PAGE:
None of this is great news for Torres, but you cannot say the man didn’t get his chances.

Asian FIFA executive pleads guilty to bribery charges

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A guilty plea was entered early Friday by senior Asian Federation (AFC) official Richard Lai to bribery charges, leading FIFA to suspend the 55-year-old indefinitely.

Lai has served as the head of the Guam FA since 2001, and is a member of the FIFA audit and compliance committee. He was also formerly a member of the AFC executive committee, and currently sits on the AFC marketing committee. Lai is a United States citizen.

The guilty plea confirms more than $1 million in bribes accepted by Lai, including those from Kuwaiti officials looking to increase their influence over FIFA voters in the confederation. Two unnamed AFC executives, including one Kuwaiti, were also named as co-conspirators.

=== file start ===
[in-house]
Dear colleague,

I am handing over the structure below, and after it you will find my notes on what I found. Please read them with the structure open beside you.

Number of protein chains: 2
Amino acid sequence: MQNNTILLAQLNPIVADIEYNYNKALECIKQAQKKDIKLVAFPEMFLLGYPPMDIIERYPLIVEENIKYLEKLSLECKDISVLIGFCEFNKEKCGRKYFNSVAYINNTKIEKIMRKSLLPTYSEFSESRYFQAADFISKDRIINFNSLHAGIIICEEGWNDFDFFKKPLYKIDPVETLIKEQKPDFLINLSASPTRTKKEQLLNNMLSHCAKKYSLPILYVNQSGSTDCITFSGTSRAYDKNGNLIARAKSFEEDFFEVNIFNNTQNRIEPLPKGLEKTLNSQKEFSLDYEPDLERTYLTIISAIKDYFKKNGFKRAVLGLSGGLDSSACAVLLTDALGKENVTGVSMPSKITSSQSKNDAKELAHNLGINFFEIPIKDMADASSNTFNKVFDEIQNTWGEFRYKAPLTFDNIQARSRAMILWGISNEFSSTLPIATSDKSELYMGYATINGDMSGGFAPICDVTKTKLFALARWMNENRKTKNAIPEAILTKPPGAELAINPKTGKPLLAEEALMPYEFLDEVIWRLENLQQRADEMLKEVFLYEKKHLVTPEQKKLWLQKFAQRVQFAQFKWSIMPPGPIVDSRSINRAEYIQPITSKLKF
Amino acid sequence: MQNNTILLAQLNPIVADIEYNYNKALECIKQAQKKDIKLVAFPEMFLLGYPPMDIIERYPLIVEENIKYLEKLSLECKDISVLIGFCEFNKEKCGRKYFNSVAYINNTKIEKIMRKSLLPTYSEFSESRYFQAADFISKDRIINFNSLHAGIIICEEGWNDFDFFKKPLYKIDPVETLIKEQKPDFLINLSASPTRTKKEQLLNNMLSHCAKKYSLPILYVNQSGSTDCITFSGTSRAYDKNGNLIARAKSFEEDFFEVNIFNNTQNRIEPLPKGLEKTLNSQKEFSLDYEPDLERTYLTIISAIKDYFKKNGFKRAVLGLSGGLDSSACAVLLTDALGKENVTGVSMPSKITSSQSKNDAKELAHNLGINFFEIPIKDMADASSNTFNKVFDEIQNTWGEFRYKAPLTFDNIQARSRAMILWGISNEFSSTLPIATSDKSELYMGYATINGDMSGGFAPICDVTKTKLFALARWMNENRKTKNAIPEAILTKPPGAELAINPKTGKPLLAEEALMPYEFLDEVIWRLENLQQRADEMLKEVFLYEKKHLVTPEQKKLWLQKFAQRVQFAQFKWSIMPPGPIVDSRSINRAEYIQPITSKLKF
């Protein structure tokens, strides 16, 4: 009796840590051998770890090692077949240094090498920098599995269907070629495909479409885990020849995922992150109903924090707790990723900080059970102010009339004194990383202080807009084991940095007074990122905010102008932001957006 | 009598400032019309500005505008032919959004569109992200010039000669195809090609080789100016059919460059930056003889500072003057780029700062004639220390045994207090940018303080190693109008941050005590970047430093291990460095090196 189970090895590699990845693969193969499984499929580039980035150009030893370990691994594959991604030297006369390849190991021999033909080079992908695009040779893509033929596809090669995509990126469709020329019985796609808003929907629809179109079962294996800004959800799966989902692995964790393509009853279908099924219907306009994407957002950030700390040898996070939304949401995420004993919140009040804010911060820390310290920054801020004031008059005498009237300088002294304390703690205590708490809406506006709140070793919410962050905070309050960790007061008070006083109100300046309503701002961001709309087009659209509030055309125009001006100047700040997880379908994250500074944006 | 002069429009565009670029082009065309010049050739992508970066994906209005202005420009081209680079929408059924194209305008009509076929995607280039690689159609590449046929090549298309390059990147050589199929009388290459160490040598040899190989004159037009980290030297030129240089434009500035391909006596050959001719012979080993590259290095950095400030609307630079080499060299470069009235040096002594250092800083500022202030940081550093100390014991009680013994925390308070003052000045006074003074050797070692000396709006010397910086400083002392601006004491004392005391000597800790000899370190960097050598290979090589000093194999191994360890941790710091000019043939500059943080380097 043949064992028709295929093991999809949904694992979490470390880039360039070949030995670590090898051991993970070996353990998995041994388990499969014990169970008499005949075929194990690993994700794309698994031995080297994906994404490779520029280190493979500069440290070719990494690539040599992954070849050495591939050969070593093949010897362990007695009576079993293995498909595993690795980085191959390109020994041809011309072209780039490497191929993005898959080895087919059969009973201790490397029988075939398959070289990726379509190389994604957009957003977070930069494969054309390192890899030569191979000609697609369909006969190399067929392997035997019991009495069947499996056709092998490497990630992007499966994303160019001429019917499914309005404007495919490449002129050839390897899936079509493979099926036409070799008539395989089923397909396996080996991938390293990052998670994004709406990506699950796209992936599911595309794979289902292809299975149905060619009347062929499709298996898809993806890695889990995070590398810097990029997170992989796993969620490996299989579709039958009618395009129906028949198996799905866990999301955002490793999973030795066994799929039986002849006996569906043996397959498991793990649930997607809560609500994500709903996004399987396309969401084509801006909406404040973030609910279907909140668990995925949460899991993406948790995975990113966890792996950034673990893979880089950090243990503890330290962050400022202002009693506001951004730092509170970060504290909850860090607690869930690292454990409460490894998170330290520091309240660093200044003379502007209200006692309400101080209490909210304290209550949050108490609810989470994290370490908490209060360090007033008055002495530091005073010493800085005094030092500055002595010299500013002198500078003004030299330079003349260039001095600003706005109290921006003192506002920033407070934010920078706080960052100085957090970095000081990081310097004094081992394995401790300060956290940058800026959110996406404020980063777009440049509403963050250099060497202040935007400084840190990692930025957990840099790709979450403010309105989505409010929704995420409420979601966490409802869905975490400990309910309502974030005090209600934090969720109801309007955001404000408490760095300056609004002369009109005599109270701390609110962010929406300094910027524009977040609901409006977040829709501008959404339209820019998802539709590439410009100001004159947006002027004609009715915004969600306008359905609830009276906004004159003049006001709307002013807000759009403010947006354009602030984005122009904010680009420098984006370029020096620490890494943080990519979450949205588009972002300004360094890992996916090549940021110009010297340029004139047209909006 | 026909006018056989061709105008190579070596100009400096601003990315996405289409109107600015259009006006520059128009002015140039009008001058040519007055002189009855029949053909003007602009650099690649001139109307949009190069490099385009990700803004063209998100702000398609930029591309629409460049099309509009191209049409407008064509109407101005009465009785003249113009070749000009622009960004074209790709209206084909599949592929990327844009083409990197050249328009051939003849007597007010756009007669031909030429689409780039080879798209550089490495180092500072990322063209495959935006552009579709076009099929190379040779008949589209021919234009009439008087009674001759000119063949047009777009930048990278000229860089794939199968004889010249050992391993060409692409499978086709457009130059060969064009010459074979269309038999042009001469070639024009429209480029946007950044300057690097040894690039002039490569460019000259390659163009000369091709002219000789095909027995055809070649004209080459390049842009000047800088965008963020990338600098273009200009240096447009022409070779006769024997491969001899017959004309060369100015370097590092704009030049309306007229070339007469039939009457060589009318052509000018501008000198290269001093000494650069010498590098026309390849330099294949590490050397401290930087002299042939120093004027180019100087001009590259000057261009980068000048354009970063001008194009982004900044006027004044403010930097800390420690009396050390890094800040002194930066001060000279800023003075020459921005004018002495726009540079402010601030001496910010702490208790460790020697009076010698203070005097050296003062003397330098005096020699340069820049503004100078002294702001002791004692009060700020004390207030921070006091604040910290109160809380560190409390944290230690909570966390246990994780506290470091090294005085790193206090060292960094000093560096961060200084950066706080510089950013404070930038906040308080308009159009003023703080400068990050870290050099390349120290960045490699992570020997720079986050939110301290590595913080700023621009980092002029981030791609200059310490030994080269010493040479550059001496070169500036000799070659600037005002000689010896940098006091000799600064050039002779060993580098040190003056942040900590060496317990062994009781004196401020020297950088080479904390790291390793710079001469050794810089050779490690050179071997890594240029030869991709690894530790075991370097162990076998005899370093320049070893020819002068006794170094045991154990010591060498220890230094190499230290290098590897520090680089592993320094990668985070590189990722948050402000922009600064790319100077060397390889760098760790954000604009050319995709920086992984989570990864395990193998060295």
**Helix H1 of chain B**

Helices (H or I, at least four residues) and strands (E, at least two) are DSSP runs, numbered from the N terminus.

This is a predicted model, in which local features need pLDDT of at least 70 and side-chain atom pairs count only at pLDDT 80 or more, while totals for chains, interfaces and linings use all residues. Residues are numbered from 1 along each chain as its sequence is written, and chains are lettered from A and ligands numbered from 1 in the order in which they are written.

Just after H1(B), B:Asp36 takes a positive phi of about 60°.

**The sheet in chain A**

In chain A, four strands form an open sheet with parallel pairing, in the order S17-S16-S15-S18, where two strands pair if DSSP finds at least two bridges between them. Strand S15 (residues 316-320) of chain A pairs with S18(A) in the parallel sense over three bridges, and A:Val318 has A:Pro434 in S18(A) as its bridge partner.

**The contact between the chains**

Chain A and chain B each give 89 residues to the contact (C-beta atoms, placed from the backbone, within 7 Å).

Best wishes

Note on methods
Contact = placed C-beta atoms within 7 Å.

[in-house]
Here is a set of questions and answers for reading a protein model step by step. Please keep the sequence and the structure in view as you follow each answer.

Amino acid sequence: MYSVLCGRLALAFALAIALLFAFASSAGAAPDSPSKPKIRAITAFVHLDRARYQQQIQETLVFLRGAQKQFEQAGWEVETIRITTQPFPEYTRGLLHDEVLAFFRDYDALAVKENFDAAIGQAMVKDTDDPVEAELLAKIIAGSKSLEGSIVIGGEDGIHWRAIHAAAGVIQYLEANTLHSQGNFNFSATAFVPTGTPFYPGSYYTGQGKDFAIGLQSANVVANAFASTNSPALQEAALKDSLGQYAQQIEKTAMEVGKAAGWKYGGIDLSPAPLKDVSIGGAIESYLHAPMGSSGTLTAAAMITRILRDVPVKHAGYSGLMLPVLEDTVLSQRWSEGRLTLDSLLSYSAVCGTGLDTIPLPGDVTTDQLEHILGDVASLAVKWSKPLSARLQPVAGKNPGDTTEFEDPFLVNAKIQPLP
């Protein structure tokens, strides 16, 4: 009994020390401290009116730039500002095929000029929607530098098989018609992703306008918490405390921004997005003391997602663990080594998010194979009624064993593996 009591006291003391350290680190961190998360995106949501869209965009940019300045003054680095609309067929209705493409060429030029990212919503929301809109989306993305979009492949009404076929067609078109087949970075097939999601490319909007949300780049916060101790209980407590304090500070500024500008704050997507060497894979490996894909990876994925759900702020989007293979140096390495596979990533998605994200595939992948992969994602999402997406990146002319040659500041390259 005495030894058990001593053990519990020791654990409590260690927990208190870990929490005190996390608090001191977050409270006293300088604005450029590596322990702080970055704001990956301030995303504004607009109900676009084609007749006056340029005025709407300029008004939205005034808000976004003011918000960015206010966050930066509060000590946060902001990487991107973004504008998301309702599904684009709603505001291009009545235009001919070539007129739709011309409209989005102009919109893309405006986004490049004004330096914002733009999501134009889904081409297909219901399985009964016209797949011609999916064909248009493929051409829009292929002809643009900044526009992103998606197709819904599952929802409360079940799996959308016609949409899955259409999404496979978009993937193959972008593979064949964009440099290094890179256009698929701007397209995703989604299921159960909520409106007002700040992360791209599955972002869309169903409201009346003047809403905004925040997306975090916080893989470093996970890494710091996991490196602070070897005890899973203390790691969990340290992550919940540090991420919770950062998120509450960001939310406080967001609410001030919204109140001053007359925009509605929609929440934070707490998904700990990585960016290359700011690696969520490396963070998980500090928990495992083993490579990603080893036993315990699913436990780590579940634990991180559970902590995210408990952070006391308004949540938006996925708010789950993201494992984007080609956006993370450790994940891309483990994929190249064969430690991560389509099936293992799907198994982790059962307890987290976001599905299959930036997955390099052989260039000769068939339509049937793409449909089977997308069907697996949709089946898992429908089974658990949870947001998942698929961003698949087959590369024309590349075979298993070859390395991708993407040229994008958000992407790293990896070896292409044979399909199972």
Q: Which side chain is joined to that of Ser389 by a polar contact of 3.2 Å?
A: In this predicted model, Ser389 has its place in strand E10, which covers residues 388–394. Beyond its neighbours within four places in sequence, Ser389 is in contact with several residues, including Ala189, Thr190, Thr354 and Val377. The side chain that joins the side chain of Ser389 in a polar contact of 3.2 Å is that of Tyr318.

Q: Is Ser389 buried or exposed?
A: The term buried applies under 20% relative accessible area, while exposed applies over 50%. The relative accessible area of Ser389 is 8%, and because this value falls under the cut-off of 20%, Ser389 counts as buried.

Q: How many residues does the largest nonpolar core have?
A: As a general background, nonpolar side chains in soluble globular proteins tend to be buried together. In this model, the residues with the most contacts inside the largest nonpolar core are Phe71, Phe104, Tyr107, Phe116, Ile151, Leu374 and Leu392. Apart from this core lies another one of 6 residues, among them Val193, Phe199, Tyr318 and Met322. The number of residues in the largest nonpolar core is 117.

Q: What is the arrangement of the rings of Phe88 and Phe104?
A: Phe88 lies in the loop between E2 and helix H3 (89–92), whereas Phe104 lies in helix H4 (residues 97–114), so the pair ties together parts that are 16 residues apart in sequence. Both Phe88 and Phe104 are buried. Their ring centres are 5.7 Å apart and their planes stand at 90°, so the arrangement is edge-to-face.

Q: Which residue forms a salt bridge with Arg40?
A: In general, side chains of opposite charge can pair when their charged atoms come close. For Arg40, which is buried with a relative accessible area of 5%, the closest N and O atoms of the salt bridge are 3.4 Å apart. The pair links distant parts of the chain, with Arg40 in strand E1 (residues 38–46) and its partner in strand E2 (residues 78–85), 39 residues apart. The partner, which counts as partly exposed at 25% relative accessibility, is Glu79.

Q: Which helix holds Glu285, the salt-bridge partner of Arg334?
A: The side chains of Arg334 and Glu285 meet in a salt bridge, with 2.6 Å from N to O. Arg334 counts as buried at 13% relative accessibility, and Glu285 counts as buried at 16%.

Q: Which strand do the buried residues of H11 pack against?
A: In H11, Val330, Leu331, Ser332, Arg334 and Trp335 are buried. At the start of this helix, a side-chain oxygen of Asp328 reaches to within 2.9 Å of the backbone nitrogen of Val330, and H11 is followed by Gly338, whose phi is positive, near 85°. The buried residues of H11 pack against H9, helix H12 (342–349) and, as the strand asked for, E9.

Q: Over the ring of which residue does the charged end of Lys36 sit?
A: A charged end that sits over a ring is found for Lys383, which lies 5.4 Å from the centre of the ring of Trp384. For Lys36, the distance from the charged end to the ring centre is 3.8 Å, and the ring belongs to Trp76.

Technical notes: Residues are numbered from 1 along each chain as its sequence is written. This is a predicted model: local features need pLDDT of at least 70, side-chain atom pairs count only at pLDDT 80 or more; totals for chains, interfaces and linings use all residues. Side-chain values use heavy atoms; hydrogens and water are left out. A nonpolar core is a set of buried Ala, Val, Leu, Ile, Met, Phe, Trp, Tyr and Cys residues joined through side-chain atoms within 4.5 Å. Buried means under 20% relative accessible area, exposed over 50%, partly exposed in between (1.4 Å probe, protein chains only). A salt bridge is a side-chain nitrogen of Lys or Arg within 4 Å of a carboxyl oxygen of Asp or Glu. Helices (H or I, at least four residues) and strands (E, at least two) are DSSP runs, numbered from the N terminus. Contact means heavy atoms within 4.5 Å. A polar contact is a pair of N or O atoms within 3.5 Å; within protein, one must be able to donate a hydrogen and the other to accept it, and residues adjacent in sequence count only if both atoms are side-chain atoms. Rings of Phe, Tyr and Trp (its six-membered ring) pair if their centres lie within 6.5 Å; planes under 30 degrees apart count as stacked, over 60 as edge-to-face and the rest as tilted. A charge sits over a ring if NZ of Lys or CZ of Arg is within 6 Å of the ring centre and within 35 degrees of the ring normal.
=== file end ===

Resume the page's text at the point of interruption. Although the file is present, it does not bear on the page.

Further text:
“One of the functions the defendant Richard Lai performed for Co-Conspirator #2 and Co-Conspirator #3 in exchange for the funds they sent him was to advise them on who was supporting which candidates in AFC and FIFA matters, including elections, and who Co-Conspirator #2 and Co-Conspirator #3 should recruit to support their chosen candidates,” a Department of Justice document published on Friday said.

That wording seems to indirectly implicate Qatari executive Mohamed bin Hammam, who was banned for life by FIFA in 2011 for bribery.

“I would like to thank the American authorities for their continued efforts to stamp out corruption from football,” FIFA president Gianni Infantino said in a statement following the plea. “I am happy to confirm once again, that FIFA will provide whatever assistance is needed by the U.S. and any other authorities around the world.”

Lai has also been provisionally suspended by the AFC.